Livable Streets Promised Land

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Here’s
a nice visual of what cities will look like when the livable streets
movement has completely emerged from the wilderness (sorry for the
extended metaphor, couldn’t help it today). GOOD Magazine ran this photosim done by our very own Carly Clark in their transportation issue, with text by Streetsblog Editor-in-Chief Aaron Naparstek. They’ve got a whole interactive graphic that walks you through the elements of a livable street, and — hats off to my coworkers — it looks great.

GOOD is also putting on a photosim contest
where readers can submit their own designs for a livable street. If you
send something in, don’t worry too hard about impressing the jury.
Aaron will be the only judge.

  • Matt

    This reminds me of downtown Portland.

  • Regarding the visualization above, what kind of meshuga idea is that for a bike lane? Between the buses and the median? As a cyclist, I would feel trapped, with no flexibility to check out the stores or PEOPLE on the side of the street. It also seems two narrow for two cyclists to ride side-by-side.

    The bus lane is okay I suppose (though just a dedicated lane, not really any form of true BRT.) Nice street surfaces, though perhaps a little demarcation-heavy. Trees are green as trees should be (though don’t forget what this will look like about six months of the year.). I don’t see any permanent street furniture (and I mean for sitting, not for ads for cars being used to fund “free” bikes.)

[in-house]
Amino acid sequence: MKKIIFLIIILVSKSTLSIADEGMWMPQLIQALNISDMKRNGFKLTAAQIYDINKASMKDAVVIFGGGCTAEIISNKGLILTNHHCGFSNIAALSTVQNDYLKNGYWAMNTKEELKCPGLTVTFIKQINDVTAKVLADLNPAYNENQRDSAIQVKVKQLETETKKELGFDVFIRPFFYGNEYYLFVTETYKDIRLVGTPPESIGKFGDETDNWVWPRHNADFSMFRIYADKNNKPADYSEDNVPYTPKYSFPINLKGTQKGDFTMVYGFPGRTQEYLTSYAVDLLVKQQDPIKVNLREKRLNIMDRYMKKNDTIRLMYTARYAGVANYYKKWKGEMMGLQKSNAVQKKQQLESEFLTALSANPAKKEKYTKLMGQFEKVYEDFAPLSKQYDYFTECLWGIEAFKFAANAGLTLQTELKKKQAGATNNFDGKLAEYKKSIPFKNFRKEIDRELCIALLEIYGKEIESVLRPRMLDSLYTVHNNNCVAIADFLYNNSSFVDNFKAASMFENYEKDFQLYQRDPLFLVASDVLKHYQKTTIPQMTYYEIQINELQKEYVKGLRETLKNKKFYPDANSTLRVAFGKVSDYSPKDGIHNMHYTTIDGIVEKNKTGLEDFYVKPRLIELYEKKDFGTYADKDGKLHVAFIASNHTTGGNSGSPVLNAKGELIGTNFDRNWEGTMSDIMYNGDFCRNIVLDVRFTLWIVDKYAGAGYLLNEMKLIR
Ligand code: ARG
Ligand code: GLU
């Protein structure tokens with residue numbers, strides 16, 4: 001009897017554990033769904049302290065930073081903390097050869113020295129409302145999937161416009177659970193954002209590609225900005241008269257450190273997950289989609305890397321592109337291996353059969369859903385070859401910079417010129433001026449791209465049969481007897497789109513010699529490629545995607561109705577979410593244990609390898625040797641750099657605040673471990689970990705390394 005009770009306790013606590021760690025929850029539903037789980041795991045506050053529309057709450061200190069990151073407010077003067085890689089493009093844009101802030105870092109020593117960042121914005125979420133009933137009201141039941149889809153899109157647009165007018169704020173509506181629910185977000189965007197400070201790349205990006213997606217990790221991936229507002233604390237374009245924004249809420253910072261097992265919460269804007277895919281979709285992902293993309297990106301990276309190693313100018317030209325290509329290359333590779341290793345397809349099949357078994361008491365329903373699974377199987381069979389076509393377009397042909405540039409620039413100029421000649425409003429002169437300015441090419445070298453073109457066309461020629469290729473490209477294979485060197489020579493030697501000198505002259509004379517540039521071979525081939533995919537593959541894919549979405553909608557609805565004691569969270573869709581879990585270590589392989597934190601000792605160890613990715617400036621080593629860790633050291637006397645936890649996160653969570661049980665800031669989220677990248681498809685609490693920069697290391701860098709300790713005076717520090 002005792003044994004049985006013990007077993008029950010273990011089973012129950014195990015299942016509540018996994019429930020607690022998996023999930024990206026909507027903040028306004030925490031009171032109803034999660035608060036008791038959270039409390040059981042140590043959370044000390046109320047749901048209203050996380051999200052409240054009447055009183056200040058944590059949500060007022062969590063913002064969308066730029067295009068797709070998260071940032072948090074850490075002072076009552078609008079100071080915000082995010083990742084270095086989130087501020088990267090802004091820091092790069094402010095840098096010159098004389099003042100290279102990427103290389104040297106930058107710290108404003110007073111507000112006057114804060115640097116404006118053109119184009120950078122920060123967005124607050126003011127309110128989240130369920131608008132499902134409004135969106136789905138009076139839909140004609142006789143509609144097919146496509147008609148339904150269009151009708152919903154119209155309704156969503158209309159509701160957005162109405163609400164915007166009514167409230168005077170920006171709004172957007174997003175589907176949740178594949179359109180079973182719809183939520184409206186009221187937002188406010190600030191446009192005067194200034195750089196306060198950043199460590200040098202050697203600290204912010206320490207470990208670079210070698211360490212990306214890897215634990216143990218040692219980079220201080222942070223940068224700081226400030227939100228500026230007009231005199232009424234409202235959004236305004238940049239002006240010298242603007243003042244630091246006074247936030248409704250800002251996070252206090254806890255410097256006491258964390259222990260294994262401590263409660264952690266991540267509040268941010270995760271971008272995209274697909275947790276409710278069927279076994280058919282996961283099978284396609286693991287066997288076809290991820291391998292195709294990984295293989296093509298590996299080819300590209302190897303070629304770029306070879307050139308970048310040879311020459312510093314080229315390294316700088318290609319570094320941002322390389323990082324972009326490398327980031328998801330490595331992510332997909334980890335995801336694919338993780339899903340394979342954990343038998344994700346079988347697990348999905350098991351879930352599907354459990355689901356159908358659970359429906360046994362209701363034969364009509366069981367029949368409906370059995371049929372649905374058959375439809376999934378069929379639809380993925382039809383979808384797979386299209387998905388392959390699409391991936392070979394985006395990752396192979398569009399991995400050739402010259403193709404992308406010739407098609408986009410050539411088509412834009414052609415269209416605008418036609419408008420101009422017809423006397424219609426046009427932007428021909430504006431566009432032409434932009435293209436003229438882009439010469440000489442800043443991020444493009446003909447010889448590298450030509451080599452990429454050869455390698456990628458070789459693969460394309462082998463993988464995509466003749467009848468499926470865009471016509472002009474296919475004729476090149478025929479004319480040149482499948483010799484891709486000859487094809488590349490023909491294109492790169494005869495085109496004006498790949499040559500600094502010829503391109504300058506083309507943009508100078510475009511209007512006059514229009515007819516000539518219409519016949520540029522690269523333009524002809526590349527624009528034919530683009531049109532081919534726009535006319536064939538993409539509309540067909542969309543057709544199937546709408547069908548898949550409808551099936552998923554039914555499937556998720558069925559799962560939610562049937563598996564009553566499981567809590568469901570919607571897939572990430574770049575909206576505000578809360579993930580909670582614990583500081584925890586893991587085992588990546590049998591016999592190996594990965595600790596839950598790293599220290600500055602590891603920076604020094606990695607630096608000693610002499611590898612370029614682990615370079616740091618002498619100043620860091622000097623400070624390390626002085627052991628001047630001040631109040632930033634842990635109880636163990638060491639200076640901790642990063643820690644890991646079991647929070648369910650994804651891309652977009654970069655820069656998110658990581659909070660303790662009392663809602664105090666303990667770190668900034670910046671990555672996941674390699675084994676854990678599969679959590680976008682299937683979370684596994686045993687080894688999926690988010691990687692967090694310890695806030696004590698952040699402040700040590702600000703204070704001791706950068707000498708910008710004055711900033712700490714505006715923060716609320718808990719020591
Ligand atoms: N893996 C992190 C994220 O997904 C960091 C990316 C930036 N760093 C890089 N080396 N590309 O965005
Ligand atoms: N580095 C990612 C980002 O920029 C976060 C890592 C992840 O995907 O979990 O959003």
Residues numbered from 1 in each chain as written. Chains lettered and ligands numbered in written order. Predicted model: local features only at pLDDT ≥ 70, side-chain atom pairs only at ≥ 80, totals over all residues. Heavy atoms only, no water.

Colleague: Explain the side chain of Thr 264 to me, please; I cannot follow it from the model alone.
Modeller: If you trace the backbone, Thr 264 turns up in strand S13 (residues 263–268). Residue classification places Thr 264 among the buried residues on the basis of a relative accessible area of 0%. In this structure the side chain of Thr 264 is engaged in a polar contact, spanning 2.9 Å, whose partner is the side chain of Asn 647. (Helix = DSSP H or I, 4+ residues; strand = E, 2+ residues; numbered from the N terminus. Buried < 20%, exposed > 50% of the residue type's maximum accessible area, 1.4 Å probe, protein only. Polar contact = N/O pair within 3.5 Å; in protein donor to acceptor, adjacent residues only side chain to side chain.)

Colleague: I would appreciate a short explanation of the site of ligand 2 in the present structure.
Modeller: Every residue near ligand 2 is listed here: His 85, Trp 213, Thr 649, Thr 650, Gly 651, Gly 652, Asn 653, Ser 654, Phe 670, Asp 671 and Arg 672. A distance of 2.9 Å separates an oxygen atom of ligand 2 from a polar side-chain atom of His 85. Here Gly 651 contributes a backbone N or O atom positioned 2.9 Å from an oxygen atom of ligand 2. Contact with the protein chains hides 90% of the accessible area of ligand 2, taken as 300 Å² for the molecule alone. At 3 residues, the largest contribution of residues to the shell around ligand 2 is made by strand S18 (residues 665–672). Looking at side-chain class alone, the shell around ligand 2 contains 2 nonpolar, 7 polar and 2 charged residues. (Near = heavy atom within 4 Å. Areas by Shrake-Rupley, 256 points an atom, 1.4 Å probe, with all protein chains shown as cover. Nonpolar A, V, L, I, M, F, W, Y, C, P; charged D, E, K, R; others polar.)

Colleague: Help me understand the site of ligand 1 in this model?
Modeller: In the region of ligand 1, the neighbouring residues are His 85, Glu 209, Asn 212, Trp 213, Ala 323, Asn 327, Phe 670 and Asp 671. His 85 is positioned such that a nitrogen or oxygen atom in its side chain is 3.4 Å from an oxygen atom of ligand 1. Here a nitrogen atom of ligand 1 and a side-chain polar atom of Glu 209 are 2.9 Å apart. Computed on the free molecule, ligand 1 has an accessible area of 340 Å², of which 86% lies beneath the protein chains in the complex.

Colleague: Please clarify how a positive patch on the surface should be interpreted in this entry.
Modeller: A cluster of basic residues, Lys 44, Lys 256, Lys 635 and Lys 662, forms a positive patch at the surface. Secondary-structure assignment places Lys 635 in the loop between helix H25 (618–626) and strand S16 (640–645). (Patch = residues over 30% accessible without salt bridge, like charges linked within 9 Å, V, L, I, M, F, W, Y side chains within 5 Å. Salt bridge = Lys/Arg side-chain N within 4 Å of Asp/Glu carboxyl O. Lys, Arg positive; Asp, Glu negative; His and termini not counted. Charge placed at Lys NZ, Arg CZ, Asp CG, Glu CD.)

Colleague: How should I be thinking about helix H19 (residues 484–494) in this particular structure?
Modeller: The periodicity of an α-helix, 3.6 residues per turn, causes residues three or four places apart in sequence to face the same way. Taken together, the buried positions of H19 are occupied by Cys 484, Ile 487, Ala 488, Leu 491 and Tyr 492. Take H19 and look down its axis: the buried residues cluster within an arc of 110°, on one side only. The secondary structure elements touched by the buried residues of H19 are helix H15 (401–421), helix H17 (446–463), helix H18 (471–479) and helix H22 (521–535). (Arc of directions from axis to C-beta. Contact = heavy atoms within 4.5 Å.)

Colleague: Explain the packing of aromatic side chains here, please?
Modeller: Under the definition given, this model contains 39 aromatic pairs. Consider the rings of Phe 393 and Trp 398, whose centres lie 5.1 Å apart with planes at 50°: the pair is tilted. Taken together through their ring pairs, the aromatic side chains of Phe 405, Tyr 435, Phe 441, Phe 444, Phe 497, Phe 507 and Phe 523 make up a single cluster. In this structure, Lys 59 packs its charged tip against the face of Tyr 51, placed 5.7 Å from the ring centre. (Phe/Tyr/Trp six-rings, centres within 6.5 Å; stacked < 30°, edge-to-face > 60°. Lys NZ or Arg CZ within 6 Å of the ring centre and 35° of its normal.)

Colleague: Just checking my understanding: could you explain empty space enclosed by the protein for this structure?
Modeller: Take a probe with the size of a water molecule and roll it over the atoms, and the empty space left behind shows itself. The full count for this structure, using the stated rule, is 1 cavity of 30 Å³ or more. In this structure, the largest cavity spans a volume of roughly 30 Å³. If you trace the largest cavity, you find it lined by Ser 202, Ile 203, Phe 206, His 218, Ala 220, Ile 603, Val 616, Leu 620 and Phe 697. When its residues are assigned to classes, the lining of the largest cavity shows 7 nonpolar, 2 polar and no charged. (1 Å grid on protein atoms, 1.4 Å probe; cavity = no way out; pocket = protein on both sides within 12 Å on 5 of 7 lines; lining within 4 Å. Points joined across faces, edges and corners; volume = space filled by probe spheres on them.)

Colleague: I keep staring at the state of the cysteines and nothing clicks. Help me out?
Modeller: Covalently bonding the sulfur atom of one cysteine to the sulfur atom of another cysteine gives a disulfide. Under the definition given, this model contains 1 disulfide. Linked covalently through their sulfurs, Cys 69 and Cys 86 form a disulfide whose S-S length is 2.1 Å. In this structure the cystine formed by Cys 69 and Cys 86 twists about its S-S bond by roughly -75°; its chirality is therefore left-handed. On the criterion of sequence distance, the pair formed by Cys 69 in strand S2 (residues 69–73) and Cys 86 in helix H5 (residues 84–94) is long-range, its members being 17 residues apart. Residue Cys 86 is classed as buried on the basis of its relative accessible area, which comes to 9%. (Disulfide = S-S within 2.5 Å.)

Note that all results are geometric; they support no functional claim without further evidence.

The main problem of course is that a little over half of the non-pedestrian space is still dedicated for cars, and including the bus and bike spaces it is all about Holy Traffic Flow, the Omega Molecule of Throughput (and why not? This street seems to have some off-street parking, based on that large sign. So why have something that no one can get to?)

    Clearly examples like this of “complete streets” are better than most current designs for the spaces between buildings, but if the starting pointing was the bottom of a latrine in Hell, a JCDecaux public toilet (provided in trade for ads encouraging people to eat too much) has to be an improvement.

    Many of us had it pounded into our heads that a “complete breakfast” includes juice, toast, cereal milk and meat.. and a good deal of us eventually realized that this was NOT the case, that it was just a marketing slogan by the various involved industries. Similarly, in the current way that “complete streets” is used, cars are bacon and perhaps milk is the desire for flow…(at least for me as I am lactose-intolerant). Complete streets – along with its fully un-demarcated European first cousin Shared Space – is a car-preservation plan, i.e. a car-industry preservation plan. As my friend says: “Green capitalism will save us! we just need more astroturf PR scams to convince affluent white people that their street could have a more aesthetically pleasing arrangements of cars!” Indeed, this marketing plan is fully endorsed by the people who call themselves eco-friendly.

    What I suggest is that a new starting point, a new definition of “complete”, is that simple and peaceful place between buildings for people to meet, talk and play. Every compromise to move people faster (starting with bikes and then with trams, buses, etc. unless it makes more sense to put these underground) is understood to be something to make the street LESS complete.

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